George Washington: War Hero or War Criminal?

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Weston Traub
FSEM 103
Professor Hess
Researched Story Assignment
War Hero or War Criminal?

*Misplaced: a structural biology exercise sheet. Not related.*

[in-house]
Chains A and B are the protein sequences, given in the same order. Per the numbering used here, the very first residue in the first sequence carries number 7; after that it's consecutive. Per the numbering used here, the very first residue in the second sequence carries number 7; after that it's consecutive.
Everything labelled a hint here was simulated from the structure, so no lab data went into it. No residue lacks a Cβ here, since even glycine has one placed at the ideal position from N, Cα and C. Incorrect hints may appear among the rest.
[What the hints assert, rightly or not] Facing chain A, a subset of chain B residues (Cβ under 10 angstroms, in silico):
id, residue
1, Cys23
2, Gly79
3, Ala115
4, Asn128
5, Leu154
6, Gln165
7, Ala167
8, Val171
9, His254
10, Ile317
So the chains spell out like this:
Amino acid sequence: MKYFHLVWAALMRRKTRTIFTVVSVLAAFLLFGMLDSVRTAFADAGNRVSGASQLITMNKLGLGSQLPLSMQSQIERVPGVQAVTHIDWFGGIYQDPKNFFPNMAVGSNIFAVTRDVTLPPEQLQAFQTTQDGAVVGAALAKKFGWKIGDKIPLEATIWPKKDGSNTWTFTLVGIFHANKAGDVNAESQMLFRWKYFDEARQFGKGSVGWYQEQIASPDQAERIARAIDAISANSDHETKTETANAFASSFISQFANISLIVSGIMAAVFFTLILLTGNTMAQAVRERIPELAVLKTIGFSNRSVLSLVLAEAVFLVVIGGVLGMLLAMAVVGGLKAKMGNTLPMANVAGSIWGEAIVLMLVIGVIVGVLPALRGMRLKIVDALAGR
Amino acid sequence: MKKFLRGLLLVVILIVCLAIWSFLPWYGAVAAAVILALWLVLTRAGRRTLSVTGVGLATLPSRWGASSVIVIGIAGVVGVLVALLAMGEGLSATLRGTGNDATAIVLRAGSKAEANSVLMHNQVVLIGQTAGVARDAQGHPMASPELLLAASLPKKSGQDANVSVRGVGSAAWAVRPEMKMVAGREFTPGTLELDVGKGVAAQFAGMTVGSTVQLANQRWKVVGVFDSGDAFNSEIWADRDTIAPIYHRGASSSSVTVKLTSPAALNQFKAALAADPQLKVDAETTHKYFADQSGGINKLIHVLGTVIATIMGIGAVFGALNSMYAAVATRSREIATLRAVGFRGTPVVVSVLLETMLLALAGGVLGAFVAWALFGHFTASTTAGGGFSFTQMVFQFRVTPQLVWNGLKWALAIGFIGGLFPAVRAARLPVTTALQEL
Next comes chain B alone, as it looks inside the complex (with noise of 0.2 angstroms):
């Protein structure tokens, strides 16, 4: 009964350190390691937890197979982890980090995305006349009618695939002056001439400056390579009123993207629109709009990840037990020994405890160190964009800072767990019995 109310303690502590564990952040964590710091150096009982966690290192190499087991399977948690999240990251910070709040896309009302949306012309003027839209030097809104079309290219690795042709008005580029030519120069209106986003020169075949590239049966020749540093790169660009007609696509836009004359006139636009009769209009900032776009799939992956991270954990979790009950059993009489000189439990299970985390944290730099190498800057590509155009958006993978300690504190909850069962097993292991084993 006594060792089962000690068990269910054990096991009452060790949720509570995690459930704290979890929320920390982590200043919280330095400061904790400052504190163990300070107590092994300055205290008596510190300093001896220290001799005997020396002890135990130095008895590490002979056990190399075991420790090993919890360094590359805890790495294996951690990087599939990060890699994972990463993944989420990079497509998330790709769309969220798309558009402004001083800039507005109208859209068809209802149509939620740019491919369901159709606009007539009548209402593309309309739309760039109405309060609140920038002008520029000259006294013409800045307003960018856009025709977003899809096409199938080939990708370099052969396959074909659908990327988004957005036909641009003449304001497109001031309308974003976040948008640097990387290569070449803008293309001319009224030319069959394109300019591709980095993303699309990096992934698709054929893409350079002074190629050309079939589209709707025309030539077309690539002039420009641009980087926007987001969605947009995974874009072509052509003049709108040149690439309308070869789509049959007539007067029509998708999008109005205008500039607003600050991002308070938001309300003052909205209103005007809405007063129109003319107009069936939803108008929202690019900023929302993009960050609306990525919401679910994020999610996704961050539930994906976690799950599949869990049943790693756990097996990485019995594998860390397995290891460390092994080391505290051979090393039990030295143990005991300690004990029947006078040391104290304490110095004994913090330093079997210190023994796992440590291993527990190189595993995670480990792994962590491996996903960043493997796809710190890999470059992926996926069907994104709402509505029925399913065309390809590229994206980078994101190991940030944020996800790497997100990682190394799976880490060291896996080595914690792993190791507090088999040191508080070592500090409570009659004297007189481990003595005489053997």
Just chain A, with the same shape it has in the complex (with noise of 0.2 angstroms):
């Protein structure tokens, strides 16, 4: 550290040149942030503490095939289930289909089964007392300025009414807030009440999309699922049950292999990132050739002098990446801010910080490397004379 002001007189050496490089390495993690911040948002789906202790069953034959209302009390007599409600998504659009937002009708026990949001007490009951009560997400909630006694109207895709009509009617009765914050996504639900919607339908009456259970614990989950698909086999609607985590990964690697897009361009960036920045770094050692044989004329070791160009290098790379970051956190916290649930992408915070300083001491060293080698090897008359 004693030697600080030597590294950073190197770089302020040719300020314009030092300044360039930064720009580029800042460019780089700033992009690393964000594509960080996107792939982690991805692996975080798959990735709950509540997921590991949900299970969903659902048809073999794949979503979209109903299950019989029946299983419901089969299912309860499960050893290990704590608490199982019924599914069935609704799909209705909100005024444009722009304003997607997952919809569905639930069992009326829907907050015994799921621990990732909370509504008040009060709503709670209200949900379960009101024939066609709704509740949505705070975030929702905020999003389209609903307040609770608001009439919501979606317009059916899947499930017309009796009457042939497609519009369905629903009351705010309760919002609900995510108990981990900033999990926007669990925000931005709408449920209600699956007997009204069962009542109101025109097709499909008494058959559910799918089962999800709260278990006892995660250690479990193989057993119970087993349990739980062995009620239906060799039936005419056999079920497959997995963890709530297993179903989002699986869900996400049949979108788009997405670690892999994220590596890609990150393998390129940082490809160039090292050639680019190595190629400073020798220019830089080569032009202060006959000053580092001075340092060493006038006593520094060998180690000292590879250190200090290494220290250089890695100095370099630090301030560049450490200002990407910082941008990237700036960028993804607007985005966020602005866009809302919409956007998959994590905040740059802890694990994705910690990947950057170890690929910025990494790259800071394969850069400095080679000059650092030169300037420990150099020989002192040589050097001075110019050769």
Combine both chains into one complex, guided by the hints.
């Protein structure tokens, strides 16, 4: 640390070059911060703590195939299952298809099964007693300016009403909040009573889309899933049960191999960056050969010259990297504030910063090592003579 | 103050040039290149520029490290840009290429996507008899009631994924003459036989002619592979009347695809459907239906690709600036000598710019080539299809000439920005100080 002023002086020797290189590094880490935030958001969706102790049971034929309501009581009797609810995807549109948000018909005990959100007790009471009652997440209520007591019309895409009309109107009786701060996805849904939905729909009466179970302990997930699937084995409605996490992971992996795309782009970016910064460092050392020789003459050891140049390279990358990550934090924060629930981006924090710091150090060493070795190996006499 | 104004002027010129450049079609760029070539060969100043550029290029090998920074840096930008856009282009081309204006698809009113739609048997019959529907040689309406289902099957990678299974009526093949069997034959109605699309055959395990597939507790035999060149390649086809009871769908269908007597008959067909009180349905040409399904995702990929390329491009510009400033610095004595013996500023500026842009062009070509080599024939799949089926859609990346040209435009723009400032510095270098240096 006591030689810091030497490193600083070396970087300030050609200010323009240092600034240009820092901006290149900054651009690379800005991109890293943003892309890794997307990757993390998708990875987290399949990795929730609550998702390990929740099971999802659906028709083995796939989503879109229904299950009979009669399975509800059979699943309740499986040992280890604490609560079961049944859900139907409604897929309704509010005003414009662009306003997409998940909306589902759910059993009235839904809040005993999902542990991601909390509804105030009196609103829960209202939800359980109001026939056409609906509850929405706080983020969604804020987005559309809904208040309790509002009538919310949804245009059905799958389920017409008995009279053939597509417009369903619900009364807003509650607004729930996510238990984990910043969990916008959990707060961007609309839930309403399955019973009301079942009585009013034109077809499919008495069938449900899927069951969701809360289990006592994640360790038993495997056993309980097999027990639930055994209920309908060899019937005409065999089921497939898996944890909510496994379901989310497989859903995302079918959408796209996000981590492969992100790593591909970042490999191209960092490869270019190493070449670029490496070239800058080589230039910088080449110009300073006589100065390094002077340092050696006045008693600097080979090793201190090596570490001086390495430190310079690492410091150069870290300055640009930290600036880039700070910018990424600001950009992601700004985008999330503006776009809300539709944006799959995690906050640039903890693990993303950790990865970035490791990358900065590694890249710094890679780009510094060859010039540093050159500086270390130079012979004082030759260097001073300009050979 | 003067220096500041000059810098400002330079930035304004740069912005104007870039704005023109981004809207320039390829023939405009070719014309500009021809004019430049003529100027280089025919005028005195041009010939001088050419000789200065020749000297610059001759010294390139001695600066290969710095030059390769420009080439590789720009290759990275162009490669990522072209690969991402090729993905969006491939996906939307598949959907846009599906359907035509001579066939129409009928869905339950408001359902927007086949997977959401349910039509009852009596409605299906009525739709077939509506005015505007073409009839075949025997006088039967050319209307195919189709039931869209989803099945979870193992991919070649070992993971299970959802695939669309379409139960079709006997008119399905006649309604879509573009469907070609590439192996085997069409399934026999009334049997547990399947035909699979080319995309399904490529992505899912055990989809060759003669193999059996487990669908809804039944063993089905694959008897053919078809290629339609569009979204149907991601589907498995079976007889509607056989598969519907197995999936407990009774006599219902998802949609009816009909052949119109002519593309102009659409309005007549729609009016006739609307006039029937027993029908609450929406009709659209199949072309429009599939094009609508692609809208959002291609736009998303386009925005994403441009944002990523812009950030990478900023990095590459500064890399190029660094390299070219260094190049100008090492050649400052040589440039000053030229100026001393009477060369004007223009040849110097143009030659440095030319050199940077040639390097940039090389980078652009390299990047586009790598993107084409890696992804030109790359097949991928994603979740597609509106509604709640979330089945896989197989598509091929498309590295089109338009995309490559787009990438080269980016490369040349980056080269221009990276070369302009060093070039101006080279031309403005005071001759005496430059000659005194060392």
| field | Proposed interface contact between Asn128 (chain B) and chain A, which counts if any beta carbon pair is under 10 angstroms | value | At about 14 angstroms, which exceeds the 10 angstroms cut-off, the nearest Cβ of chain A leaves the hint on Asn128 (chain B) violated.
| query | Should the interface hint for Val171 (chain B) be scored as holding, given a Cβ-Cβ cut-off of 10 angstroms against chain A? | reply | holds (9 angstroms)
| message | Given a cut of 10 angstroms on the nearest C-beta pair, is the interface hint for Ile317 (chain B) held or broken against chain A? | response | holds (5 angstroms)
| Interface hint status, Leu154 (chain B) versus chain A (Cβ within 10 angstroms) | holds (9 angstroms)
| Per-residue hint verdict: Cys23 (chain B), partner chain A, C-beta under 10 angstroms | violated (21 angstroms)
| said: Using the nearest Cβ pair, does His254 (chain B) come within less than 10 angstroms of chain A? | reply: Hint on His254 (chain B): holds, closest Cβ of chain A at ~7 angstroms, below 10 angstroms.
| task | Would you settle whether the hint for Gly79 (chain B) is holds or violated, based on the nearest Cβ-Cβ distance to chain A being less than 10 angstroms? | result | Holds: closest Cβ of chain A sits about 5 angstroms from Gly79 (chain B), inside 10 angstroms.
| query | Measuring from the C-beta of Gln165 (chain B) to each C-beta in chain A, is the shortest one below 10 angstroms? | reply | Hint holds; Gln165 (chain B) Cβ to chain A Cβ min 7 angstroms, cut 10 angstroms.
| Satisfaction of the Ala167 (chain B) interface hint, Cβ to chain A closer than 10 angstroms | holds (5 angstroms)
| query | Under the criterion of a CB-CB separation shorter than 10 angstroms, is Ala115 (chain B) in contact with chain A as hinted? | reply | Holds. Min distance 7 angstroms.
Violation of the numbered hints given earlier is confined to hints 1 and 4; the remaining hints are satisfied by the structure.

George Washington is often considered the “Father of our Country” to most historians and schoolteachers. However, there is one event in history that remains untaught in most public schools, in order to preserve his reputation, that can make even the most patriotic Americans see their first president in an entirely different light. How do you perceive this man, as an initiator of Independence, or a town-destroyer? Native American raids on the frontier alerted state officials to take immediate action during the Revolutionary War, and in 1778 Governor George Clinton of New York vowed to exert all effort into preserving the “protection and comfort” of his frontiersman (U.S. Archives 9). The same archives claim that Governor Clinton had attempted to gather an army of 1000 men to ward off the Indians, but Washington had quite larger dreams of destruction in mind. Washington had his plan approved before Congress on February 25th, 1779, which assembled an army of roughly 4000 soldiers whose immediate purpose was to annihilate the six-nation tribes consisting of the Mohawks, Cayuga’s, Seneca’s, Onondagas, Iroquois, Tuscarora’s, and finally the only pro-Colonial tribe of the Oneidas (U.S. Archives 9-10). A writer documented that to go about this task of “protecting the colonists,” Washington instructed his men to execute “total destruction and devastation of their settlements and capture as many prisoners as possible” (Fisher 288). As mentioned in Joseph Fisher’s book, Washington contemplated several other methods of assaulting the British, such as seizing their stronghold at Fort Niagara, but he somehow chose this option of exploiting his foe’s weak spot and devastating an entire civilization in the process (Fisher 281-282). The outcome of this cruel game played by Washington was catastrophic for the Iroquois and their food supply. Within this analysis we will look at...
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